The timing of Sasol’s US expansion is a classic case. The 69-year-old company started the project in early 2014 and in July of that same year, oil prices peaked at about $105 a barrel. Today, oil averages between $55 and $60 – despite sanctions against one of its biggest exporters, Iran. Were prices still around or close to levels when ground was first broken, I am certain the cost over-runs that led to resignations of Sasol’s joint CEOs, Bongani Nqwababa and Stephen Cornell, would have been seen as par for the course for any major project.

Sasol’s chairman, Mandla Gantsho, highlighted a “culture of fear” as one of the central reasons for the cost over-runs, as it had prevented bad news about its Lake Charles, Louisiana, project flowing up the management chains of the organisation. It wouldn’t have posed such a problem with supportive oil prices. It’s a culture that certainly exists in corporate South Africa as seen by the leadership of former Steinhoff CEO Markus Jooste.

But before we delve any further into why the culture is fostered, let us remember that it was not that long ago when Jack Welch, the former General Electric head, was hailed as the greatest CEO in modern history. Fear was a central thread in his leadership.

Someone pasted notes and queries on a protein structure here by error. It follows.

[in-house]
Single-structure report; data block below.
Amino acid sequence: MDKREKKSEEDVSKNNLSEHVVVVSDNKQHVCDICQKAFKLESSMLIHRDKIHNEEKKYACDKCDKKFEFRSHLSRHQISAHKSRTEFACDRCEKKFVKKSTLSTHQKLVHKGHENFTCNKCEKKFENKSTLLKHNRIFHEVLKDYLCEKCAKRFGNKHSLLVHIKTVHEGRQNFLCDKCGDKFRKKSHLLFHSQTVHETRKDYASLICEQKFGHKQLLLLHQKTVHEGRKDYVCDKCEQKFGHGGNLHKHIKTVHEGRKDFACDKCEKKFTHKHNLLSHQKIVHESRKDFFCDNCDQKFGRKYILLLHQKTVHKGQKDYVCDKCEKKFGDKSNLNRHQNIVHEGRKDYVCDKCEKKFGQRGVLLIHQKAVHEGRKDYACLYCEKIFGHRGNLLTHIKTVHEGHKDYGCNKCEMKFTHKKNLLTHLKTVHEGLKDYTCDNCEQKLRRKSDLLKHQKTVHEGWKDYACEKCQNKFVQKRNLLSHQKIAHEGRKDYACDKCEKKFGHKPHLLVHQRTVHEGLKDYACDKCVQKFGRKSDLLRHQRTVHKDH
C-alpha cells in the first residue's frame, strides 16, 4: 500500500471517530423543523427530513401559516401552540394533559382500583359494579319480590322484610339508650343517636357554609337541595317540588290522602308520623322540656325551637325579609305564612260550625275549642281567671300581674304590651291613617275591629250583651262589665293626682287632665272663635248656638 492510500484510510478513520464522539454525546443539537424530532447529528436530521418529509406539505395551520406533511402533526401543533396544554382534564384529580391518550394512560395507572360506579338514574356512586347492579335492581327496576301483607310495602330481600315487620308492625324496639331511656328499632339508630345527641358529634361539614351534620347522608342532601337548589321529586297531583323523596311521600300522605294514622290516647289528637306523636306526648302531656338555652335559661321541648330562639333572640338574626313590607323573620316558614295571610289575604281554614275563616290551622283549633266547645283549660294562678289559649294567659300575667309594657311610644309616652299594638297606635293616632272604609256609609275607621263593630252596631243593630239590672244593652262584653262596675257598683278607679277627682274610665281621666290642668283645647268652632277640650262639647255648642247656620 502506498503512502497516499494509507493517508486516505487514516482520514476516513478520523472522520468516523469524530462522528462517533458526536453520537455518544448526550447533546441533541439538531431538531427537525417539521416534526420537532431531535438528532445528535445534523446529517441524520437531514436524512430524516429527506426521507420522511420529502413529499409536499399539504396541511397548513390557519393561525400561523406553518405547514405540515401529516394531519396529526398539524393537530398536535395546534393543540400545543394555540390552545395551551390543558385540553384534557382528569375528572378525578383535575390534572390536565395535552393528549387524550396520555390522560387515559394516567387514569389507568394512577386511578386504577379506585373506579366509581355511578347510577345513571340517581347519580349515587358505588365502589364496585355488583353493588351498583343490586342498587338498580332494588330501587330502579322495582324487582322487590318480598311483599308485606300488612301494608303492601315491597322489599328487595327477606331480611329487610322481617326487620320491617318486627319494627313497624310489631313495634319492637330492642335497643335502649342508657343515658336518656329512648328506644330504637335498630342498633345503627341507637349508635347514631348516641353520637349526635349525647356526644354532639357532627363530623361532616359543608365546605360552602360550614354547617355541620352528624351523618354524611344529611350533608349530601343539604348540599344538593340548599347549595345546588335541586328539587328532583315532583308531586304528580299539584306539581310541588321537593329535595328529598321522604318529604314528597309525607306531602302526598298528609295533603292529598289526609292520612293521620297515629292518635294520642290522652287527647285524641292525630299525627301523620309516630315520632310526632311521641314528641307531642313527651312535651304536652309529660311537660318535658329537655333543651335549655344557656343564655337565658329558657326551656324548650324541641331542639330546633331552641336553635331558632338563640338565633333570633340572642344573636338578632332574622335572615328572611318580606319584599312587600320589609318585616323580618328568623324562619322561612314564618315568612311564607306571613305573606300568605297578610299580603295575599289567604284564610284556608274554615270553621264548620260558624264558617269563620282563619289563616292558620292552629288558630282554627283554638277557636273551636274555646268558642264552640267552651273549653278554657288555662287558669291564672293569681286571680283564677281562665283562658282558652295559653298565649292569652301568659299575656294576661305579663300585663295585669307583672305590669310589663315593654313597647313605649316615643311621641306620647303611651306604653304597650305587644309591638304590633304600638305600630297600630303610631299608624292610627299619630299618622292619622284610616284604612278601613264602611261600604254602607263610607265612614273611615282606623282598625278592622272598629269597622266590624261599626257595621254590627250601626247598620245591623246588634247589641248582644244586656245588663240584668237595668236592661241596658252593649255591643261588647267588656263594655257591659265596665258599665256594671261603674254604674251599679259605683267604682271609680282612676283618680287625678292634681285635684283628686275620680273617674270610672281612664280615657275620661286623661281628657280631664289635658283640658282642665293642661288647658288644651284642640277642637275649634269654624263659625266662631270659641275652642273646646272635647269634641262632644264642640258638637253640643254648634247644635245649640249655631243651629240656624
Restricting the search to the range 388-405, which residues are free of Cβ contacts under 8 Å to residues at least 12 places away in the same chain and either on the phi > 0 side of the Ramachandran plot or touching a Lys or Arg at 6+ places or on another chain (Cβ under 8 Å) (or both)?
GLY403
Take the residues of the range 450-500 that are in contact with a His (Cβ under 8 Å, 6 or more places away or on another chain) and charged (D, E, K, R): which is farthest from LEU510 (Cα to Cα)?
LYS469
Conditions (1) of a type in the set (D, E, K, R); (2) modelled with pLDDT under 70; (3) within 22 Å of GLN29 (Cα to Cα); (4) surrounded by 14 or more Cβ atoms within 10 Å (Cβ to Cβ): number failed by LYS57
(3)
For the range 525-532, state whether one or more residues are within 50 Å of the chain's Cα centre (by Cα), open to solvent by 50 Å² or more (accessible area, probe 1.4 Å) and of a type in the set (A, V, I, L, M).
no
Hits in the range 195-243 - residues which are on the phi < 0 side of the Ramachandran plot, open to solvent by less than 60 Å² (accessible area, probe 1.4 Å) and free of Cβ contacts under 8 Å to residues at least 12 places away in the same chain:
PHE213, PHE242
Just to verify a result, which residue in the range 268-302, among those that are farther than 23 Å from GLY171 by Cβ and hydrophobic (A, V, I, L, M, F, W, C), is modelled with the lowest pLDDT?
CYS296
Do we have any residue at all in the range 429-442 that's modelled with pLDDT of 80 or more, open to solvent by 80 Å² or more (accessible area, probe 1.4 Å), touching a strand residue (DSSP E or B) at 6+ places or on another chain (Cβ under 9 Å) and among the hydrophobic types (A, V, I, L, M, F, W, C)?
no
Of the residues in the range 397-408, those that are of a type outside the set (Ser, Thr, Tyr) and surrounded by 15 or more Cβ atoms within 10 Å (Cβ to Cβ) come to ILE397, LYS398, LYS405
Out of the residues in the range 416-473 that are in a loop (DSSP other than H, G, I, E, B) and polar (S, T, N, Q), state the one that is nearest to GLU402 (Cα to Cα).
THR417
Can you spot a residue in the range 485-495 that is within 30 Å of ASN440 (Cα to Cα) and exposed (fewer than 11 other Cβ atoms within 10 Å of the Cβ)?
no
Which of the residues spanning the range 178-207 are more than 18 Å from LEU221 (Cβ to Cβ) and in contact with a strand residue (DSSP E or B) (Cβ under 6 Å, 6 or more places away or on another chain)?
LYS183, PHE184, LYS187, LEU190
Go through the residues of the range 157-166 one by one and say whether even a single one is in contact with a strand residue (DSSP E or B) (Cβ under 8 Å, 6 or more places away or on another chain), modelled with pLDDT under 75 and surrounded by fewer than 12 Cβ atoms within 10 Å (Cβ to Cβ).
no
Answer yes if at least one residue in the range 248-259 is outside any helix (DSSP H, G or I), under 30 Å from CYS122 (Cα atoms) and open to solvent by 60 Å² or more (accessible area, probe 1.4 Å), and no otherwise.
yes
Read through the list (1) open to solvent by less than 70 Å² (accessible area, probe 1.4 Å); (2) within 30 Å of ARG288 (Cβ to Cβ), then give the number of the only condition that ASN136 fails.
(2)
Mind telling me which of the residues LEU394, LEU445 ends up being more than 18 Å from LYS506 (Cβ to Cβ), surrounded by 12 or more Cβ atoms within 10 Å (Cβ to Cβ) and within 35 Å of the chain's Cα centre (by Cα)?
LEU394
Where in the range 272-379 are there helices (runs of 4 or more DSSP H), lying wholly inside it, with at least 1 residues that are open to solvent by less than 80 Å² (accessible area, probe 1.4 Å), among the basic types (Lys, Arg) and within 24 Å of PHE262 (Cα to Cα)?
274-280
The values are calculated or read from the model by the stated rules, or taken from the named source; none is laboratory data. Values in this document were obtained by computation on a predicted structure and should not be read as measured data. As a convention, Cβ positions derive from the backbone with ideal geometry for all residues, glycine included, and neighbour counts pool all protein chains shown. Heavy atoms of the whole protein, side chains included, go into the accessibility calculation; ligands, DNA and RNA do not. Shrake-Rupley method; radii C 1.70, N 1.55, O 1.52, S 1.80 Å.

Ironically, former Sasol CEO Constable probably has much more to answer for than the outgoing CEOs. In much the same way, the Eskom executives who signed off on the initial design plans for Kusile and Medupi should answer for the problems of the project, over and above the corruption that fed into the cost escalations. But that’s a story for another day.

The story of believing one’s own hype stirred by either an adoring investment public or panicked shareholders isn’t a story for Sasol or Eskom exclusively: quite a few similar examples come to mind. The most obvious example was the investment decision more than a decade ago by Anglo American to invest in Brazil’s Minas Rio iron ore project.

It was one of the factors that led to the resignation of Cynthia Carroll, maybe more than not paying a dividend for the first time since World War II. Anglo lifers are still cursing under their breath.

Minas Rio cost at least $13-billion to purchase and build and has thumped the earnings of the diversified miner. At the time of the deal, investors were egging on miners such as Anglo to increase their exposure to iron ore and other base metals to feed the insatiable appetite from China. To not do so, would be a recipe for your stock to come under pressure and for the board to come under even more pressure to get their executives to spend. A classic case of group-think.